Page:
lag definition, meaning - what is lag in the British English Dictionary & Thesaurus - Cambridge Dictionaries Online

Cambridge Dictionaries online Cambridge Dictionaries online

The most popular online dictionary and thesaurus for learners of English

English definition of “lag”

See all translations

lag

verb uk   us   /læɡ/ (-gg-)

lag verb (MOVE SLOWLY)

[I] to move or make progress so slowly that you are behind other people or things: He's lagging behind - I think we'd better wait for him to catch us up. Sales are lagging at the moment.

lag verb (COVER)

[T] to cover something with a thick layer of material in order to stop heat from escaping or to stop water from freezing: to lag pipes

lag verb (PRISON)

[T] Australian English informal to send someone to prison or to arrest someone

lag

noun [C] uk   us   /læɡ/

lag noun [C] (DELAY)

a delay between two things happening: You have to allow for a time lag between order and delivery.

lag noun [C] (PRISONER)

UK old-fashioned informal a prisoner or a person who has often been a prisoner in the past: an old lag
Translations of “lag”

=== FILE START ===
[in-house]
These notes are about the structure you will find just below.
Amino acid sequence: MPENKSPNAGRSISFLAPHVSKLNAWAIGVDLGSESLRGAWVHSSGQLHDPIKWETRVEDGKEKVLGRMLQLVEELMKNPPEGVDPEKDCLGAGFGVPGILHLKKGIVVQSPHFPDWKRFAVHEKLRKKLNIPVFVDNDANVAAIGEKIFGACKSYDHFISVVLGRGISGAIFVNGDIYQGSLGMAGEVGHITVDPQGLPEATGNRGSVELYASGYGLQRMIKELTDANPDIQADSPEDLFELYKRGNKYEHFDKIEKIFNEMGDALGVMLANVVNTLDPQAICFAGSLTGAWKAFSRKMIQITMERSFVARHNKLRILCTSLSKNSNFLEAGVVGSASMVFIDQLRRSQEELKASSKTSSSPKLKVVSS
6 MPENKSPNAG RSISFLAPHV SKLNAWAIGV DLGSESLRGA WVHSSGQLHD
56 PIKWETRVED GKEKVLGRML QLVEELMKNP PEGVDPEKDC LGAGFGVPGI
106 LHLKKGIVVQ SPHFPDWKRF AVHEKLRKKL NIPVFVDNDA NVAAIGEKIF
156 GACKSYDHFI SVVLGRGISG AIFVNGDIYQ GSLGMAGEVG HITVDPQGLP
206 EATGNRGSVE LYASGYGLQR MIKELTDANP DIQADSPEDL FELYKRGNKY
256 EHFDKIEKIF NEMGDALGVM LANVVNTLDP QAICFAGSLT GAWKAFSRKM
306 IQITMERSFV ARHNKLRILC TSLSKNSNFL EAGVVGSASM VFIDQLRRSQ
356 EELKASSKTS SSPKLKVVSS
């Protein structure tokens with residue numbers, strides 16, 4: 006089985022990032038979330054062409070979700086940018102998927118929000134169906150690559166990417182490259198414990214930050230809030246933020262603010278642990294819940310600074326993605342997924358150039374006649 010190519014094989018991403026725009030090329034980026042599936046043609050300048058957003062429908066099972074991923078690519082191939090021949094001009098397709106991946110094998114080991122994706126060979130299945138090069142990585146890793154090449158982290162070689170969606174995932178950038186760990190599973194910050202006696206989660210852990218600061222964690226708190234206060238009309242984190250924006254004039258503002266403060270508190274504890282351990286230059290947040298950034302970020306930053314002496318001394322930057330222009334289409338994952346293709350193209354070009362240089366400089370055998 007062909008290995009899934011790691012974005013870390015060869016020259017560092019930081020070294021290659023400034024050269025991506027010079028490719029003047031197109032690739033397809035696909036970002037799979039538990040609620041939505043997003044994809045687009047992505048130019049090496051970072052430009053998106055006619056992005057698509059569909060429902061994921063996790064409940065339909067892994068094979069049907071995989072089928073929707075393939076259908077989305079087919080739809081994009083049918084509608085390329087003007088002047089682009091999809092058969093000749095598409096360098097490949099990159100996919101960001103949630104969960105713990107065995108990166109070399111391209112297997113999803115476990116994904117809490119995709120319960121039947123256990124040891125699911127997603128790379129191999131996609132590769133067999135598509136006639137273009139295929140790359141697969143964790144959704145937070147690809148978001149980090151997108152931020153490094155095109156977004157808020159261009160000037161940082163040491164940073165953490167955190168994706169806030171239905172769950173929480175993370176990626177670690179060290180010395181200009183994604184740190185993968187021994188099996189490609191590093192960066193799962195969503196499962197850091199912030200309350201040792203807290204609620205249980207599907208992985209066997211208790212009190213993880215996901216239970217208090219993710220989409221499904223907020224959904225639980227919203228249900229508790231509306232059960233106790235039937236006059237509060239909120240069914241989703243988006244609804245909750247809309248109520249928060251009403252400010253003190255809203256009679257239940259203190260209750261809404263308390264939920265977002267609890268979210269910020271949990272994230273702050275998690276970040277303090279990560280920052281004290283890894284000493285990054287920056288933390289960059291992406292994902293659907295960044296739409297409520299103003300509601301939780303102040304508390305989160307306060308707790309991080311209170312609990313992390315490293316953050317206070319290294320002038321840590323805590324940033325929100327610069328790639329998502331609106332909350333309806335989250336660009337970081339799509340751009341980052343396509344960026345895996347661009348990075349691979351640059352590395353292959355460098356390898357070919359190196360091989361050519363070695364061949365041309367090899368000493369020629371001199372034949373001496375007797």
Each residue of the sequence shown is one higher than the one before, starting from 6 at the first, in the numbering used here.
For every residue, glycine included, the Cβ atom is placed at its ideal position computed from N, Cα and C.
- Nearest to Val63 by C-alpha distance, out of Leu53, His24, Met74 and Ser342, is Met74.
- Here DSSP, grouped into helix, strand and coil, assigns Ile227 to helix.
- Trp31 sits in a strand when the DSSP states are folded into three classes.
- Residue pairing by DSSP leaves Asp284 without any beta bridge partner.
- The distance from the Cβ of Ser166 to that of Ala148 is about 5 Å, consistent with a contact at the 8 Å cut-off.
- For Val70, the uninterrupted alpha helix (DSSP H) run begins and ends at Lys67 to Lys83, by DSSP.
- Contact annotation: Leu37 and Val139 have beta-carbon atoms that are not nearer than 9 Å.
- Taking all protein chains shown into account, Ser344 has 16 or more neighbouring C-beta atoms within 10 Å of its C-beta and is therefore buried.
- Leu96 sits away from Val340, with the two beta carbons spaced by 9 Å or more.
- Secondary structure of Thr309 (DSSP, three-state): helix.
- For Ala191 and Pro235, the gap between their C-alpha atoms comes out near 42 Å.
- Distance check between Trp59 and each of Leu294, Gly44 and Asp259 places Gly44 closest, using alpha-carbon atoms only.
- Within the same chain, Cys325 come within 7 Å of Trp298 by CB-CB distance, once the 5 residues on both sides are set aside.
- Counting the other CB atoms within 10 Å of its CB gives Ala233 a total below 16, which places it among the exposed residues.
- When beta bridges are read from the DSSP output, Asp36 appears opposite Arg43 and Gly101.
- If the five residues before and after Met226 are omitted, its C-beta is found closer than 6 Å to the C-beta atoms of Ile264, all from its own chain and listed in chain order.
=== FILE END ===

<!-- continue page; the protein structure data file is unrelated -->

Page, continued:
in Vietnamese tụt lại sau…
in Spanish retrasarse, quedarse atrás…
in Thai ล่าช้า…
in Malaysian bergerak perlahan…
in French traîner derrière…
in German zurückbleiben…
in Chinese (Traditional) 緩慢移動, 掉隊,滯後…
in Indonesian tertinggal…
in Russian промежуток времени…
in Turkish (iki şey arasındaki) zaman aralığı…
in Chinese (Simplified) 缓慢移动, 掉队,滞后…
in Polish opóźnienie…
(Definition of lag from the Cambridge Advanced Learners Dictionary & Thesaurus © Cambridge University Press)
What is the pronunciation of lag?
Add Cambridge dictionaries to your browser to your website

More meanings of “lag”

Definitions of “lag” in other dictionaries

Word of the Day

lateral thinking

a way of solving a problem by thinking about it in a different and original way and not using traditional or expected methods

Word of the Day

What’s All The Commotion About? (Words to describe sounds)

by Kate Woodford,
May 20, 2015
​​​ In this post we look at a range of words and phrases that we use to describe noise and the absence of noise. Starting with complete quiet, we sometimes use the noun hush to describe silence: A hush fell over the room as the bride walked in./There was a deathly hush (=complete

Read More 

plyscraper noun

May 18, 2015
a skyscraper made mainly from wood The development of engineered timber could herald a new era of eco-friendly ‘plyscrapers’. Christchurch welcomed its first multistorey timber structure this year, there are plans for Vancouver, and the talk is China could follow

Read More